Do you remember plastic fake grass? And large chocolate bunnies disappearing ear by ear, bite by bite?
Nick and I think carefully about how we're shaping our kids' understanding of following Christ and worshipping him. Both of us tend towards satisfying, joyful celebrations. Birthdays have cake, you know? And heaven is described as a marriage feast -- a truly joyful time with lots of great food!
But what to do with Easter? Mingled death and resurrected life are horrifically beautiful. Terrific seems to be a good word, derived from terrible yet meaning extremely good.
Can chocolate bunnies, plastic eggs, and a treasure hunt capture and communicate well Jesus' death, resurrection, and the forgiveness of humanity?
Well, no! There are plenty of plastic eggs, candies, and other celebrations of springtime around our house and library book bag. When it comes to Easter and the story of what Jesus did, I've been struggling to find appropriate images.
ImagesIn the minds of young children, image can be equal to truth. This is even more true of moving images (animation and film) for adults and children as Jack Zipes has written about in Breaking the Disney Spell. How do you feel about truth when you can touch and hold an object? Hard to separate facts and legends, isn't it?
|photo credit: http://wantingwhatyouhave.com/|
Currently, we separate our springtime learning from our Easter learning. Did you know the word "Easter" comes from the German word for the holiday, Ostern? It simply means East and is related to sunrise. Apparently, some missionaries did a poor job of translating the celebration of Jesus' death and resurrection from Latin to German. The French Pâques from Hebrew Pesach (Passover) is much clearer, but Resurrection Day has the clearest meaning in English. I'll let non-Christians continue using Easter with their bunnies and candies, and maybe I'll try out Resurrection Day with the kids.
We retell the Resurrection story by reading both adult and children's Bibles.
We also made our own version of Resurrection Eggs with 12. There are lots of versions online, even some 40 day ones for older kids so that the eggs are opened as a Lenten Calendar (like a daily Advent Calendar). Here's another DIY example. This is what we include, with small slips of paper explaining the item and Scripture references:
- Palm branch piece and mini donkey (really a horse) figure, for Palm Sunday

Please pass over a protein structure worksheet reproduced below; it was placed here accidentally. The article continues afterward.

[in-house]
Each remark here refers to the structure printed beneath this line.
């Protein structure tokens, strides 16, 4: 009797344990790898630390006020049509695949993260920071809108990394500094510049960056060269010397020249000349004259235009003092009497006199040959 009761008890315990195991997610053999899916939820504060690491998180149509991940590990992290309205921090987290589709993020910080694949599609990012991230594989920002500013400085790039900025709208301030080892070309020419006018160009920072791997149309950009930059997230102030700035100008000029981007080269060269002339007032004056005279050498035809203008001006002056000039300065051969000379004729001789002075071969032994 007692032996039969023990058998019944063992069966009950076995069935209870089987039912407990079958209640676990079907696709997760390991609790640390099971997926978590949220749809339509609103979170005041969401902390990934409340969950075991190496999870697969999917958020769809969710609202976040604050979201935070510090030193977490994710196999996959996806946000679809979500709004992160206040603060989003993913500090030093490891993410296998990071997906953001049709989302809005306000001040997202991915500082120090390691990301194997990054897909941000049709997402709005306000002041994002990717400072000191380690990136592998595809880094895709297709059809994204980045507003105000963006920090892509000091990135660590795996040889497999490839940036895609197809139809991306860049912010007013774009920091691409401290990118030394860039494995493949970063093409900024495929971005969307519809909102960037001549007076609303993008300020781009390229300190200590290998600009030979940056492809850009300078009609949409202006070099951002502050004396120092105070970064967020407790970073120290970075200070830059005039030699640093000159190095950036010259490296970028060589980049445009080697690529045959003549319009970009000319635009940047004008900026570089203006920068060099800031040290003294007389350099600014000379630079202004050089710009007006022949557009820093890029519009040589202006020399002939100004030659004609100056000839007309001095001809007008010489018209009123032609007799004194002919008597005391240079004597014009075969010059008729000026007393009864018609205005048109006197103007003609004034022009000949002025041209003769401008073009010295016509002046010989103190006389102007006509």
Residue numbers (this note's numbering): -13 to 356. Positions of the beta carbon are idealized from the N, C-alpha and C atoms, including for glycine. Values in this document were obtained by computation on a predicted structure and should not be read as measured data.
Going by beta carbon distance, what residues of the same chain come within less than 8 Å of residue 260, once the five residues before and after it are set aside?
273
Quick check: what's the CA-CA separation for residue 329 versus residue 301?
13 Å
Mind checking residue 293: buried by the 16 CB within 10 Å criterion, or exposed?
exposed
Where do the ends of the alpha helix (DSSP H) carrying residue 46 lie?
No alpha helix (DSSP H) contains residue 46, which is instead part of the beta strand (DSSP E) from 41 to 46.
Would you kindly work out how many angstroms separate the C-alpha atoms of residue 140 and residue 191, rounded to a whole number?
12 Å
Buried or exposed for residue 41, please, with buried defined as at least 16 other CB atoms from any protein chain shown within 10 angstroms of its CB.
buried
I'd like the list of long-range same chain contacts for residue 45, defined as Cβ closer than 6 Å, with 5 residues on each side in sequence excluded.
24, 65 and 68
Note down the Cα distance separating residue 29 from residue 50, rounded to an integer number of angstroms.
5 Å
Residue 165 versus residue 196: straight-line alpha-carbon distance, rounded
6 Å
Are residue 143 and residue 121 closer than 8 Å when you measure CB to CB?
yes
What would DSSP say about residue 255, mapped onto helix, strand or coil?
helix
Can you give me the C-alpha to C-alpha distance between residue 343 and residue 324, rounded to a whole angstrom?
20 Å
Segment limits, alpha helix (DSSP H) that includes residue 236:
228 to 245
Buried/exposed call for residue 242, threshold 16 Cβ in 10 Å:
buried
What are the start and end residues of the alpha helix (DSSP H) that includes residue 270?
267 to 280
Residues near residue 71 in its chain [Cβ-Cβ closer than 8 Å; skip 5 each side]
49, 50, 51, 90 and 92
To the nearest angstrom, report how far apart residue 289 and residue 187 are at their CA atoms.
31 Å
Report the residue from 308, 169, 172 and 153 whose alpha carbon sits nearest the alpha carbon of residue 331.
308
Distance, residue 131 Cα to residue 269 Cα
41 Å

- Cotton ball with perfume, for Mary's anointing of Jesus' feet
- 3 Dimes, for Judas' 30 temple silver coins
- Piece of saltine cracker, for the Passover meal Jesus shared with the disciples
- Small cross, for the one Jesus carried and died upon
- Piece of thorny barberry branch, for the crown of thorns
- Small nail and toothpick, for the nails and spear that pierced Jesus
- Dice, for the lots soldiers cast to divide Jesus' clothes
- Bit of cloth, for the vinegar Jesus drank on the cross
- Spices like whole cloves, anise, nutmeg, for the spices the women brought to the tomb
- Stone, for the tomb's door
- Empty, with a smile face sticker and dove sticker, for our new life in Jesus Christ and the Holy Spirit that came
Not as cuddly as a fuzzy chick or bunny stuffed animal. But these items are important in helping our kids retell the story of Jesus' death and resurrection by themselves... many they touch gingerly, or don't want to be near because they know how awful the sharp points could feel!
Years ago, my friend Molly gave me vintage sheep figures for Christmas. I have a fondness for sheep and someday dream of having a small flock for spinning and knitting their wool. Molly knows me well. These sheep are our table centerpiece as we approach Good Friday and Resurrection Day. But wouldn't you know, I've been looking for more sheep. Not the cuddly kind, or a cartoonish kind of knick knack. Something that is beautifully crafted, maybe ceramic or porcelain. Almost every retailer carries all kinds of bunny or chick table decor, plates, and platters... but no lambs! Their catalogs feature racks of lamb on the table, ready to be eaten... but no other lambs! One exception in a lamb platter at Crate and Barrel, but otherwise no lambs in stores. Maybe that's how it should be: a carved up dead lamb, instead of a pretty porcelain one. Jesus the paschal lamb, broken and dead in our place, and beautiful in resurrected glory. It's terrific, terrible and beautifully wondrous at the same time.